Elizabeth “Connie” Converse disappeared in 1974, leaving behind a haunting body of recorded music that would remain virtually unheard for the next 35 years.
Elizabeth Eaton Converse was born in Laconia, New Hampshire in 1924, the middle child of three siblings. She was bookish, the valedictorian her class at Concord High School, and described by most who knew her to be a polymath. She attended Mt. Holyoke College on an academic scholarship beginning in 1942, studied French, and wrote for several campus publications. By 1944 she decided to leave college, at which point the records of her whereabouts are sparse until about 1949, when she made her way to New York City.
There were two major developments during Elizabeth’s time in New York. The first was her procurement of her nickname “Connie.” It is unclear how or why or when exactly, but the name stuck. The second was Connie’s burgeoning interest in playing and writing music, first for guitar and later for piano. No doubt this stemmed from her love of poetry, as many of her earliest songs were poems that she had written and then set to music. The songs became instant hits with her family, and also attracted the attention of animator and amateur recordist Gene Deitch. Beginning around 1954, Connie would make visits to Deitch’s home in Hastings-on-Hudson to record almost 40 songs.
At first listen, Connie’s music seems to keep close company with the female folk artists who were her contemporaries. The knack for plaintive storytelling shares much with Peggy Seeger and Susan Reed. Reed knew Connie’s music well, and performed a set of her songs in 1961 at the Kaufmann Concert Hall in New York. But Connie’s music stands out from that of the American folk revival of the 1950’s. Her fluid and disarmingly intelligent poetry reflects an urban perspective, that of a new New Yorker becoming disenchanted by the bucolic tropes of folk music. She is at once a maverick and a romantic, intellectual and spiritual, a staunch independent and a tender, pining lover.
Over the years Deitch, along with his colleague Bill Bernal, worked to promote Connie’s music, but despite their efforts, the songs remained unheard to all but a few dozen of Connie’s acquaintances. In 1961 Connie tired of New York and left for Ann Arbor, where her brother was a professor at the University of Michigan.
Having dropped out of college seventeen years prior, it came as something of a surprise that, within months of her arrival in Ann Arbor, Connie had implanted herself firmly in the academic community of U-Mich. She began as a secretary at the Center for Research on Conflict Resolution, eventually working her way to Managing Editor and Co-Editor of CRCR’s Journal of Conflict Resolution.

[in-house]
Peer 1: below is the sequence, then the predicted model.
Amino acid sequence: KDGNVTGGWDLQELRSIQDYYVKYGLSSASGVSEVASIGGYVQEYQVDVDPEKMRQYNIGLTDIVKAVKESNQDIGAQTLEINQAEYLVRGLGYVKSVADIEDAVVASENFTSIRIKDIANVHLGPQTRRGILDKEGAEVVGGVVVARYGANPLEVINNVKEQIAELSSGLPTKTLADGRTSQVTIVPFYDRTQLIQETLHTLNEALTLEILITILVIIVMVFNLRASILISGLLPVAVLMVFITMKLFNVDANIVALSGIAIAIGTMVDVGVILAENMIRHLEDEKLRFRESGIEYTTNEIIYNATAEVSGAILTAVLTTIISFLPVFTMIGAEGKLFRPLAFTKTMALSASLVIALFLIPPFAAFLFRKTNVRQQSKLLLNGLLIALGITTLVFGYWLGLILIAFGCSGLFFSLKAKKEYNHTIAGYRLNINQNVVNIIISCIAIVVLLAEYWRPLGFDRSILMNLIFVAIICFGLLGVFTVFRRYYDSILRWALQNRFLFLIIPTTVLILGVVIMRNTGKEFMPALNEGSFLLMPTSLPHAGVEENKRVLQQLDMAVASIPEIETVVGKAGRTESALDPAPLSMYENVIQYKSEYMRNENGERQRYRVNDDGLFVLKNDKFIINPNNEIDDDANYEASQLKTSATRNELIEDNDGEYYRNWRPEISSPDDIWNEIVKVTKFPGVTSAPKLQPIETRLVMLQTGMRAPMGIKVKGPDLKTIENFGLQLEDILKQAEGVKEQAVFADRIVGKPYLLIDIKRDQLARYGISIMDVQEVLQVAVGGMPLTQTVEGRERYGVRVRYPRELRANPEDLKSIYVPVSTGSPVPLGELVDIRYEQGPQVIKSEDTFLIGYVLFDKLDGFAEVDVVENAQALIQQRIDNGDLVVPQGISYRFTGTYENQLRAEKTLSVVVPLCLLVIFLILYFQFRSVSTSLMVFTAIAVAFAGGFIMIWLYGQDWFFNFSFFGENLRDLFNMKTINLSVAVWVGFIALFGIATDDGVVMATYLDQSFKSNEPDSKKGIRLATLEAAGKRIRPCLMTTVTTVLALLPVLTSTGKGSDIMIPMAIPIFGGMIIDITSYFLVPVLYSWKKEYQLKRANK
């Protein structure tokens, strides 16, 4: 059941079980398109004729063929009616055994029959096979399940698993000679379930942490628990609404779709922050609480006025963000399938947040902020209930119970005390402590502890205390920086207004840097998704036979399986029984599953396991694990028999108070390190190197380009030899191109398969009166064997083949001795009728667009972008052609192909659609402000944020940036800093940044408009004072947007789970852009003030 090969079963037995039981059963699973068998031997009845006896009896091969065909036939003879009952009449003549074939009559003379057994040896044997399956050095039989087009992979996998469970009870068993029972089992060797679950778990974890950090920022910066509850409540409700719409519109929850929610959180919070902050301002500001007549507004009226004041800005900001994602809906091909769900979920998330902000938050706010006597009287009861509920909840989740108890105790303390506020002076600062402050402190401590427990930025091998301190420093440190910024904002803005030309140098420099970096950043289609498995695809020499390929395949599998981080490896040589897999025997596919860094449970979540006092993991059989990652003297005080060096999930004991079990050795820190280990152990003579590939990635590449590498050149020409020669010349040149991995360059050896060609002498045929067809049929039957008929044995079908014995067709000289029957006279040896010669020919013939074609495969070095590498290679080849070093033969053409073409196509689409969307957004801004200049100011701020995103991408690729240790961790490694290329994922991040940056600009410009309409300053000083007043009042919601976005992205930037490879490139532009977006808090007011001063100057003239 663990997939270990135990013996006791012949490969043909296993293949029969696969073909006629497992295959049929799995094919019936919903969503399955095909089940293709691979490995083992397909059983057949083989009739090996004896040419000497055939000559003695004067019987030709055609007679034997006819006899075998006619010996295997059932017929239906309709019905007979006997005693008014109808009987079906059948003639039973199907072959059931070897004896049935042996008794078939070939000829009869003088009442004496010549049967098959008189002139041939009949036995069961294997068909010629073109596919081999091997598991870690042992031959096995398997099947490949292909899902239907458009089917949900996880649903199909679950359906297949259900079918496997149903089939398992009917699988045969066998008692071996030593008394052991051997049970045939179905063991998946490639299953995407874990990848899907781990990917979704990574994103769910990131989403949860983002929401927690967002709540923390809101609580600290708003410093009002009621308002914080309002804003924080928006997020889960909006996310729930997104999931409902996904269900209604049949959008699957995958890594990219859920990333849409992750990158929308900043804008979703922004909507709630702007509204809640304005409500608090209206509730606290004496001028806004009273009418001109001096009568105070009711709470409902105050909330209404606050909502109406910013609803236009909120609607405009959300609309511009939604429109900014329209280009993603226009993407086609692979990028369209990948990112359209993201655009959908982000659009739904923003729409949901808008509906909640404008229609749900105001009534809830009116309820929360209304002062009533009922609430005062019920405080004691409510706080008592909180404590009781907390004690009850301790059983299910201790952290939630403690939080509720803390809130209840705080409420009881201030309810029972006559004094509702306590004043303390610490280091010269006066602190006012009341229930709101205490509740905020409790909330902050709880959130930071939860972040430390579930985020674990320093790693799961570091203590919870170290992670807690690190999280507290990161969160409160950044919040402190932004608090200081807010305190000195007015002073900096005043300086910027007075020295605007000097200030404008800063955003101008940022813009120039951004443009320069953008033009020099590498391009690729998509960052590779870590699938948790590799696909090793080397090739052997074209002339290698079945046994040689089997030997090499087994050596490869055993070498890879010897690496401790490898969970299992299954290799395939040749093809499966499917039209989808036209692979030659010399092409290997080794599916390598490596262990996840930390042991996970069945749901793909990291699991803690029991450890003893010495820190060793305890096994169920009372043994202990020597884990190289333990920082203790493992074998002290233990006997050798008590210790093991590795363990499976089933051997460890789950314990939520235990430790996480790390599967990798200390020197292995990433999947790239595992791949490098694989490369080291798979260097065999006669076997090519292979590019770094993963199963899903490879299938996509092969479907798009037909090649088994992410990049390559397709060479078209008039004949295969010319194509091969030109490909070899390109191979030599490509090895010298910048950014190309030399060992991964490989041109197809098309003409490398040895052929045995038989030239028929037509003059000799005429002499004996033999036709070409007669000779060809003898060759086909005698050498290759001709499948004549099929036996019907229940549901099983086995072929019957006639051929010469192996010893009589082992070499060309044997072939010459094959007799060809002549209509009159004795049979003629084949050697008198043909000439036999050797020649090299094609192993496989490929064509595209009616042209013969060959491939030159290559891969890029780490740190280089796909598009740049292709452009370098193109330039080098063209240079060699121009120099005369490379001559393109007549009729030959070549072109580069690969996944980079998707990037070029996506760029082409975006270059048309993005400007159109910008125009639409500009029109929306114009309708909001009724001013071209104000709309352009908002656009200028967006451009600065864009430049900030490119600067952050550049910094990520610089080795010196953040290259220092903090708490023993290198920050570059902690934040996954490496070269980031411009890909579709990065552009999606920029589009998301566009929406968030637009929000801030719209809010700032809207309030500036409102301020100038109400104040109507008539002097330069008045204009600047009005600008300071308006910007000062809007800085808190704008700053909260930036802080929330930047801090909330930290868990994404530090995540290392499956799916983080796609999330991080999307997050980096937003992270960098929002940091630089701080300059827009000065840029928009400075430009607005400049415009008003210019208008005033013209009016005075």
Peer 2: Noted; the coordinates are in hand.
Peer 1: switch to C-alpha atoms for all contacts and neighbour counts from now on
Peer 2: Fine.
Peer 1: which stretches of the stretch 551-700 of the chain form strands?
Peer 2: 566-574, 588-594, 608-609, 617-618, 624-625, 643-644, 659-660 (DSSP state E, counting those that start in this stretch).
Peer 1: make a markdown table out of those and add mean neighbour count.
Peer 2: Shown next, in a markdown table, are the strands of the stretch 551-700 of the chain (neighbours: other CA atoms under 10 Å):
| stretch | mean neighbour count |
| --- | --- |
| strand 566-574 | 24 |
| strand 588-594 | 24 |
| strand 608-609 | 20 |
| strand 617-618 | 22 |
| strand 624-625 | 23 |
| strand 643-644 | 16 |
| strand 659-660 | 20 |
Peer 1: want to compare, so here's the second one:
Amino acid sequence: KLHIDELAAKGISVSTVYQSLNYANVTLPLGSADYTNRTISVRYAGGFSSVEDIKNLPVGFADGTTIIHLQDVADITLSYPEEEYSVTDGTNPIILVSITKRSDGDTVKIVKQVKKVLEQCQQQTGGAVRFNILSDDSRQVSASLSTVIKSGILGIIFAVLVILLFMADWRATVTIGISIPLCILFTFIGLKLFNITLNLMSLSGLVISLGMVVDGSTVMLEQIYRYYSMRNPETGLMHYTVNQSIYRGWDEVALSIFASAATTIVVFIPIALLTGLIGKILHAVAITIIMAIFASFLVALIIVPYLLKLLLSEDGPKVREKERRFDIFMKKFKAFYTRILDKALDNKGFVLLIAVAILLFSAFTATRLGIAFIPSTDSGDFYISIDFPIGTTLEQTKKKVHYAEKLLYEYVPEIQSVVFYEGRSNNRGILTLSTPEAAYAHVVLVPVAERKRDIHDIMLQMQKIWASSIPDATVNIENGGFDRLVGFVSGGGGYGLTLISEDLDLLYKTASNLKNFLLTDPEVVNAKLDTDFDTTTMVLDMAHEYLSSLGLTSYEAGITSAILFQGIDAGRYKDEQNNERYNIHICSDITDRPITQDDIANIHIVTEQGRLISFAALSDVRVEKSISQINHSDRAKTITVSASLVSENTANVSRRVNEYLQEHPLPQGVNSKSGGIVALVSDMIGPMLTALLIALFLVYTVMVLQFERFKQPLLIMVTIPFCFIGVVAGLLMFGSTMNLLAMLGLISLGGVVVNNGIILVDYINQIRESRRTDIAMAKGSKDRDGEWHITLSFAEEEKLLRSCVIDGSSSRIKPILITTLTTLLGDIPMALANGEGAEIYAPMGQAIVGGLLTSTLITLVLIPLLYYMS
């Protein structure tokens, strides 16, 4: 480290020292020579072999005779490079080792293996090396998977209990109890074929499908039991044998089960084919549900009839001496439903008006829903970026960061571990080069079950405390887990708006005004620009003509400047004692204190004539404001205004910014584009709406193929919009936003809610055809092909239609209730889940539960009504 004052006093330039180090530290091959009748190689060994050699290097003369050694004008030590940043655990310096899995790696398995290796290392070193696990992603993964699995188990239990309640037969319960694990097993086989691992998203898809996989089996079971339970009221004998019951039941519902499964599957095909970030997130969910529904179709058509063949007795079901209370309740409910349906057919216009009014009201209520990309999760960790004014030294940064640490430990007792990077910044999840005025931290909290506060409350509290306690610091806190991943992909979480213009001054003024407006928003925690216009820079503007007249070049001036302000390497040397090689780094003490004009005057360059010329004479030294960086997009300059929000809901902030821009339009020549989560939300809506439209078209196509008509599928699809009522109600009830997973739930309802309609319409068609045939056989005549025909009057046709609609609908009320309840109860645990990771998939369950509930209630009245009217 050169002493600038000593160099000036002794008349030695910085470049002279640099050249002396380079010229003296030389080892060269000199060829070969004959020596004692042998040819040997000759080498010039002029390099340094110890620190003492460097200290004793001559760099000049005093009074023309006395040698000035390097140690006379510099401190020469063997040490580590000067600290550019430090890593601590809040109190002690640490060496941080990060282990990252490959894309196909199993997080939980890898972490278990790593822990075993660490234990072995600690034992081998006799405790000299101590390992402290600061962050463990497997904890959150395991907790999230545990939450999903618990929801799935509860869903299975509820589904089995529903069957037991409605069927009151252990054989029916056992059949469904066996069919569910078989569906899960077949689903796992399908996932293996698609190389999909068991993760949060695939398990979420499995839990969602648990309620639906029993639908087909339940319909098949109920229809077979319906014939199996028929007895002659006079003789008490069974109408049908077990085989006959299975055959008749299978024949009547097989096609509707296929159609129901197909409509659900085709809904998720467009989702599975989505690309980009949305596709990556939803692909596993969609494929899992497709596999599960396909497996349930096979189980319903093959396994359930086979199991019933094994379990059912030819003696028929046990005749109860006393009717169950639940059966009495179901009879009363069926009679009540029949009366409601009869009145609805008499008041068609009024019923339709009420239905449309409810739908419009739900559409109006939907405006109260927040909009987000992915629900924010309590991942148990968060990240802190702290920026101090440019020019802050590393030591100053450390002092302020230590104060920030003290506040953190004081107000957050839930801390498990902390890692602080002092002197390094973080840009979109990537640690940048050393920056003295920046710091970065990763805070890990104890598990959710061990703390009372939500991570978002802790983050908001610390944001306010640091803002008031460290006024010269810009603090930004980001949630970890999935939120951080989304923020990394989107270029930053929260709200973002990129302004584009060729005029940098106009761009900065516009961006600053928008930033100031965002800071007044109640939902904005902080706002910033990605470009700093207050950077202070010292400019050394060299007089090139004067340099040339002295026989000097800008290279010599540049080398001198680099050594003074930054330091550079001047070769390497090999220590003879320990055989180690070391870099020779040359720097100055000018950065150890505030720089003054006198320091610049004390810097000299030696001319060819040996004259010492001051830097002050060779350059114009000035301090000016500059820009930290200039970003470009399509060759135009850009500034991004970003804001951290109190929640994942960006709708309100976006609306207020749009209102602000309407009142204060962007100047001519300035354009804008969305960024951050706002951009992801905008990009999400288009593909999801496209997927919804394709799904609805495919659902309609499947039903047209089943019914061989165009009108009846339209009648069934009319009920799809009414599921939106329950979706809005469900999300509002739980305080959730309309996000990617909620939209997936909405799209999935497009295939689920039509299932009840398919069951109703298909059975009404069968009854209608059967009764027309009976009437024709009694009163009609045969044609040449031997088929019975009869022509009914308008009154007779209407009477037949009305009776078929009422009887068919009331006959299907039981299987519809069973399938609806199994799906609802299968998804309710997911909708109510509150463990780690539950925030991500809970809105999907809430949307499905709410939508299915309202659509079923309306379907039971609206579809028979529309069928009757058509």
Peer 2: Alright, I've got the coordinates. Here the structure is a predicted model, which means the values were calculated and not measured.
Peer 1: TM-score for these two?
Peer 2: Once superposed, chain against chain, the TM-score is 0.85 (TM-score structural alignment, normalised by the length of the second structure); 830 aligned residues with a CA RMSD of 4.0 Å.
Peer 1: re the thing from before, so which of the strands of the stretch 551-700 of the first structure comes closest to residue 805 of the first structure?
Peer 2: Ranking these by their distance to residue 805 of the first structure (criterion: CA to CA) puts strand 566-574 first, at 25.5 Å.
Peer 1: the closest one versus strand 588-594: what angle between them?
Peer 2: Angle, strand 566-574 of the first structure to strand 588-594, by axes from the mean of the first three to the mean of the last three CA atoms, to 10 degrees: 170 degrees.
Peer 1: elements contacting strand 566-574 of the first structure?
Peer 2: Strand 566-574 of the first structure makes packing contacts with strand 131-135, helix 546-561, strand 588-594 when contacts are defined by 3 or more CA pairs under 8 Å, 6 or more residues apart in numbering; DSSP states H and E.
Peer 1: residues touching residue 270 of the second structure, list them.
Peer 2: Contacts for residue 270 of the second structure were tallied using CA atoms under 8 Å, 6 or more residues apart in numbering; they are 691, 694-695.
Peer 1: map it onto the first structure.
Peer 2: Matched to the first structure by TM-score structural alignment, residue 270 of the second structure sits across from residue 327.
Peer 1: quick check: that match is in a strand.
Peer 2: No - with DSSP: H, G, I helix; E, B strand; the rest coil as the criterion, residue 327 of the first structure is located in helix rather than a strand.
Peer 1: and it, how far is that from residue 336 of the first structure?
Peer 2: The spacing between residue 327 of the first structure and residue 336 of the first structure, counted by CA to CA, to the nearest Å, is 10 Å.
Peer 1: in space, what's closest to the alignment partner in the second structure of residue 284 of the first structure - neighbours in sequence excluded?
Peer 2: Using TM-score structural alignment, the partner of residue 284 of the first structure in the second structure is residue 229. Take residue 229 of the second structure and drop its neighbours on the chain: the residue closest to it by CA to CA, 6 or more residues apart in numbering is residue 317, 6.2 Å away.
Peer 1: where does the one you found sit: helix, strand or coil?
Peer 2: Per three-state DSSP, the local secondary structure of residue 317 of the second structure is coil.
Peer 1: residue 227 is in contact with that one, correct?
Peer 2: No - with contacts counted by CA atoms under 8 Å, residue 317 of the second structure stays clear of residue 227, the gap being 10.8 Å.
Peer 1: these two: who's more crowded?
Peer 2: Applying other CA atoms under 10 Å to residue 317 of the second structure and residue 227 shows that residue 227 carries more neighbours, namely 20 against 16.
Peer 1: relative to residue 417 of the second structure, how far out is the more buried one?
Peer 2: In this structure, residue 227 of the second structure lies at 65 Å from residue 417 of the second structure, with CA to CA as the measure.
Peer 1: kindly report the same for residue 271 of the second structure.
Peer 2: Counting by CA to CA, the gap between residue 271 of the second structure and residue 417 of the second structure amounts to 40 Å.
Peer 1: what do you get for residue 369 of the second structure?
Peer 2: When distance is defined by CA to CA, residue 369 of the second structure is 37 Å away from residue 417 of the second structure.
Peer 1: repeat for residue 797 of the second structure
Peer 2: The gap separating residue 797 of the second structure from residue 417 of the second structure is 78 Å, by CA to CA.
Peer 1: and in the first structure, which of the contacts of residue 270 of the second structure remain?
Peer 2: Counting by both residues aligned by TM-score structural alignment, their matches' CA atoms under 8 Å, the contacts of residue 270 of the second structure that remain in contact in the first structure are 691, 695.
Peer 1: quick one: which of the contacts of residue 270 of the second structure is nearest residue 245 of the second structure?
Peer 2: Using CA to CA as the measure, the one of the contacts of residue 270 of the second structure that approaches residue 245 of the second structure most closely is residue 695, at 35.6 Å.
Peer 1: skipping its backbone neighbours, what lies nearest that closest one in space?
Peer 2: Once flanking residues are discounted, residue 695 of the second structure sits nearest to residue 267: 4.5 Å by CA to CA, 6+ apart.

Connie’s work in Ann Arbor left little time for music and, while she still happily played at family gatherings, there is little evidence that she wrote new material. She did, however, continue her attempts to promote her music already extant. Susan Reed, the folk harpist, took an interest in Connie’s work and performed a set of her songs in New York. There were a handful of scores for commercials and some work on a short film. But never the kind of widespread success she had hoped for her music.
Connie became increasingly despondent in the 1970’s, a period she described as her Blue Funk, although her family and friends say they could not detect any outward change in her character. In 1971, she requested an extended leave of absence from CRCR, citing what she saw as her poor performance at work and unspecified medical problems. Her employer responded by organizing a group of Connie’s friends and colleagues to contribute to a pool of money that would allow her to take a six-month sabbatical in England, which she would later describe as one of the only times in her life that she allowed herself to enjoy “unproductive fun.”
In August of 1974, after waiting for the resignation of Richard Nixon, Connie wrote a series of farewell letters to friends and family. She packed up her Volkswagen and disappeared, her whereabouts unknown to this day.